The Morning News

The Morning News Tournament of Books, sponsored by Powell’s Books, is an annual battle royale amongst the top novels in “literary fiction” published throughout the year. Read more about this year’s tournament »

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Powell's Books

The 2007 Tournament of Books is over. To view this year's Tournament, go here.


From the Booth





WARNER: For me this is the sleeper match-up of round one, with neither author being a household name. Honestly, though, none of the authors in this tournament are a “household name,” in the same way that Britney Spears or Carson Kressley or Jared from the Subway ads are household names. After one 90-second performance on American Idol, Antonella Barba had a higher Q rating than just about any living writer.

Ironically enough, probably the biggest name in this year’s tournament, Thomas Pynchon, is a recluse who emerges from seclusion just long enough to release doorstop novels and blurbs for (according to Judge Hepola) sleep-inducing historical fiction.

GUILFOILE: In another forum you and I once discussed the pitiful state of literary celebrity, and I think I said at the time that if celebrity is currency in America, then literary celebrity surely has the lowest street value. In fact, the producers of Dancing With the Stars recently made it clear that when it comes to choosing participants for a nationally televised dance competition, it is more important that the contestants not be writers than it is for them to still have both their legs. I predict that when they introduce Heather Mills on that show they will not mention the occupations that actually made her semi-famous—sex-manual model and ex-Beatlewife. They will instead say something like, “Heather has never written a novel and is generally opposed to seal hunting.”

WARNER: Firmin sounds fun. Not as much fun as watching Billy Ray Cyrus achy-break his Achilles tendon when he suffers a massive tear on the Dancing with the Stars tribute to Flashdance night, collapsing in a heap during his interpretation of Michael Sembello’s “Maniac” (leg warmers and all).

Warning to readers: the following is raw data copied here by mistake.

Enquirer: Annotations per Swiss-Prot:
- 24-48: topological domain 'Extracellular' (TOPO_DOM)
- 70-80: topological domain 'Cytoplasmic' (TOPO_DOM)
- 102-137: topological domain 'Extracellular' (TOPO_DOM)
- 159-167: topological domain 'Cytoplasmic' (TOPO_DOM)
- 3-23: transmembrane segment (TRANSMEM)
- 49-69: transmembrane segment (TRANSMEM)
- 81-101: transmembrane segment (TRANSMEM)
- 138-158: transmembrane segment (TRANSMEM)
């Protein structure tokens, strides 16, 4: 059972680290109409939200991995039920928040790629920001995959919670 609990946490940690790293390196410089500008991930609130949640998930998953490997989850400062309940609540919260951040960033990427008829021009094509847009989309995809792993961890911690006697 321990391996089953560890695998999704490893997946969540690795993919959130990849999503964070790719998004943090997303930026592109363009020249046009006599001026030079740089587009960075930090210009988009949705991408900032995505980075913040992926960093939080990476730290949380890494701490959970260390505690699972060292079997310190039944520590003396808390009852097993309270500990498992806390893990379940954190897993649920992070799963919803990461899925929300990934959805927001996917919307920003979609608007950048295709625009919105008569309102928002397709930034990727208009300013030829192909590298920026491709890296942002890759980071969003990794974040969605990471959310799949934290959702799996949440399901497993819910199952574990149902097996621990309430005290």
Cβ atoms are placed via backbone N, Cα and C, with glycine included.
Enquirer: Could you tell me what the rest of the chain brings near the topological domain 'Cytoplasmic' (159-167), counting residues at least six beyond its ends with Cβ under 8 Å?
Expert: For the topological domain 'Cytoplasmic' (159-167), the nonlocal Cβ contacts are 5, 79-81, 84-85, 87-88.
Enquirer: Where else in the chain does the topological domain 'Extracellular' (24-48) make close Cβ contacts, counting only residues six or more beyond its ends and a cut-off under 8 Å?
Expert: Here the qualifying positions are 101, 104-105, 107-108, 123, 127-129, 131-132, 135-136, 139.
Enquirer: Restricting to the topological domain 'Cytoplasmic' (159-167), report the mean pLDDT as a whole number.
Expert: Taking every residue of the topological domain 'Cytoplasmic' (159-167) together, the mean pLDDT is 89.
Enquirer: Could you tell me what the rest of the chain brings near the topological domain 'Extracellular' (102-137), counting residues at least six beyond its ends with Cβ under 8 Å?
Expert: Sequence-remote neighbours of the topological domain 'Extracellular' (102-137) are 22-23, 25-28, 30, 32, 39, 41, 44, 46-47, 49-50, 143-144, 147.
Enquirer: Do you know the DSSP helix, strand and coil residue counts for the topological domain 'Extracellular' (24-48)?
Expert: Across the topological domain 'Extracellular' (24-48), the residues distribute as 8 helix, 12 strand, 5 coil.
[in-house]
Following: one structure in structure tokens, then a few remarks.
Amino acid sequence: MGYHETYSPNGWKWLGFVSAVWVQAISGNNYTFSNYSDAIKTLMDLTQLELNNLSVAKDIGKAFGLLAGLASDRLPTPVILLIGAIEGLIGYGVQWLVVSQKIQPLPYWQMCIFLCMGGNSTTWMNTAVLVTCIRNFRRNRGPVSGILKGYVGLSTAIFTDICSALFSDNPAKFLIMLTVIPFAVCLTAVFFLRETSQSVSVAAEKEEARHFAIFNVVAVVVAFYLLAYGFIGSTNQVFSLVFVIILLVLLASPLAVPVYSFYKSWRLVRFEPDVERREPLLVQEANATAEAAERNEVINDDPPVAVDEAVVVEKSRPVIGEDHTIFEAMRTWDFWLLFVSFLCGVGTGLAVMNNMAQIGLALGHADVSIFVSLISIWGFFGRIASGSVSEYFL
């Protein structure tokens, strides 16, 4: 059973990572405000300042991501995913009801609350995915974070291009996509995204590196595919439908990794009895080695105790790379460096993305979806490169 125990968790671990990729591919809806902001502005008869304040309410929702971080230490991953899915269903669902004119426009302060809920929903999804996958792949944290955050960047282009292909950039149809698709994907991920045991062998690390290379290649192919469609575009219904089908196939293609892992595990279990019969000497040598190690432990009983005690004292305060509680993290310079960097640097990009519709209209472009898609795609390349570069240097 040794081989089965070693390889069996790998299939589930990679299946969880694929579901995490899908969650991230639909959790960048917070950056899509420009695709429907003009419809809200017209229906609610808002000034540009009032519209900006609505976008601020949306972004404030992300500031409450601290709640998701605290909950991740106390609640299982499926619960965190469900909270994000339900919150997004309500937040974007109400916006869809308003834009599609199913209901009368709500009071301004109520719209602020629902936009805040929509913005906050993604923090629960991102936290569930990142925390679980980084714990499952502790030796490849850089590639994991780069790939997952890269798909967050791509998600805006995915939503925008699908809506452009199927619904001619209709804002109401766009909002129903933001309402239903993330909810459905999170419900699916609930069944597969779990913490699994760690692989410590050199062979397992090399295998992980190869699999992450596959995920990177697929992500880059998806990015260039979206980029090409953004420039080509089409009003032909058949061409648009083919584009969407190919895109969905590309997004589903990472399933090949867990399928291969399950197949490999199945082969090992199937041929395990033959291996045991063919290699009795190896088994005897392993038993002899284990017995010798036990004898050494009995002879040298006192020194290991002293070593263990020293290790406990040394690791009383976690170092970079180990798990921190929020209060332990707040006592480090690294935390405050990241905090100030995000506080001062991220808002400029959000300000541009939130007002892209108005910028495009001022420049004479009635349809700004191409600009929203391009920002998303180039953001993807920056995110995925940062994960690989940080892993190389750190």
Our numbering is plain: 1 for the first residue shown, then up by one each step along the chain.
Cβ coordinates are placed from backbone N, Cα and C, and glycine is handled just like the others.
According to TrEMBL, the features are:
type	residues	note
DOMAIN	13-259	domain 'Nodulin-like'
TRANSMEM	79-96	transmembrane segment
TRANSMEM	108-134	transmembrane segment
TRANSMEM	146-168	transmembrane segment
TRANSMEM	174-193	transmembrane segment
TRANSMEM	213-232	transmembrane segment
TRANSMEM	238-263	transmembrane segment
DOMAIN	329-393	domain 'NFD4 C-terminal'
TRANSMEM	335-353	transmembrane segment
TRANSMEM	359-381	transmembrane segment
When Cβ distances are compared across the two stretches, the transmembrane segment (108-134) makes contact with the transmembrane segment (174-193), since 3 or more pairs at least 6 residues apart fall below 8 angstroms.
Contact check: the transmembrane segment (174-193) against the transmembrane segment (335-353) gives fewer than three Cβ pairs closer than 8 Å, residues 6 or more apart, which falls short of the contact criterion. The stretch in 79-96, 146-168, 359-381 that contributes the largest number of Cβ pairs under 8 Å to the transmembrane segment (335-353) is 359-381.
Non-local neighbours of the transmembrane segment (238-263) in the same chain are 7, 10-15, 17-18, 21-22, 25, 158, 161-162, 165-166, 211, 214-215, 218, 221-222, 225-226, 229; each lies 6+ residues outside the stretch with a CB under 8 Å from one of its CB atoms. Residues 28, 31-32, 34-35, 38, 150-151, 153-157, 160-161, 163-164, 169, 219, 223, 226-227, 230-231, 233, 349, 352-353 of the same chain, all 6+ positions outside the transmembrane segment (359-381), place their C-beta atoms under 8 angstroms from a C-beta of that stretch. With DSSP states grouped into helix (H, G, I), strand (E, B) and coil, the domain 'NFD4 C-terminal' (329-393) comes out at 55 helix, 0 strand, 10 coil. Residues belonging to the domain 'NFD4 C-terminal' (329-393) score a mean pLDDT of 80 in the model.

However, given its status as a Literary Blog Collective of Collectivists pick, early in the tournament Firmin has the look of this year’s Home Land, albeit with fewer ballsack jokes.

GUILFOILE: Oh man. Home Land had so many references to the ballsack that it should have been nominated for a Newberry Medal.

« Return to the judge’s decision for this match.

The Standings


• Round One •

Half of a Yellow Sun v. Absurdistan
judged by Brady Udall

The Echo Maker v. The Emperor’s Children
judged by Marcus Sakey

Firmin v. Brookland
judged by Sarah Hepola

The Second Coming of Mavala Shikongo v. The Road
judged by Maria Schneider

Arthur and George v. One Good Turn
judged by Kate Schlegel

The Lay of the Land v. English, August
judged by Colin Meloy

Alentejo Blue v. Apex Hides the Hurt
judged by Dan Chaon

Against the Day v. Pride of Baghdad
judged by Anthony Doerr

• Round Two •

Half of a Yellow Sun v. The Emperor’s Children
judged by Jessa Crispin

Firmin v. The Road
judged by Mark Sarvas

One Good Turn v. The Lay of the Land
judged by Maud Newton

Alentejo Blue v. Against the Day
judged by Sam Lipsyte


Half of a Yellow Sun v. The Road
judged by Elizabeth Gaffney

One Good Turn v. Against the Day
judged by Sasha Frere-Jones


The Road v. Against the Day
judged by Andrew Womack

One Good Turn v. Absurdistan
judged by Rosecrans Baldwin


The Road v. Absurdistan
All Judges + Jessica Francis Kane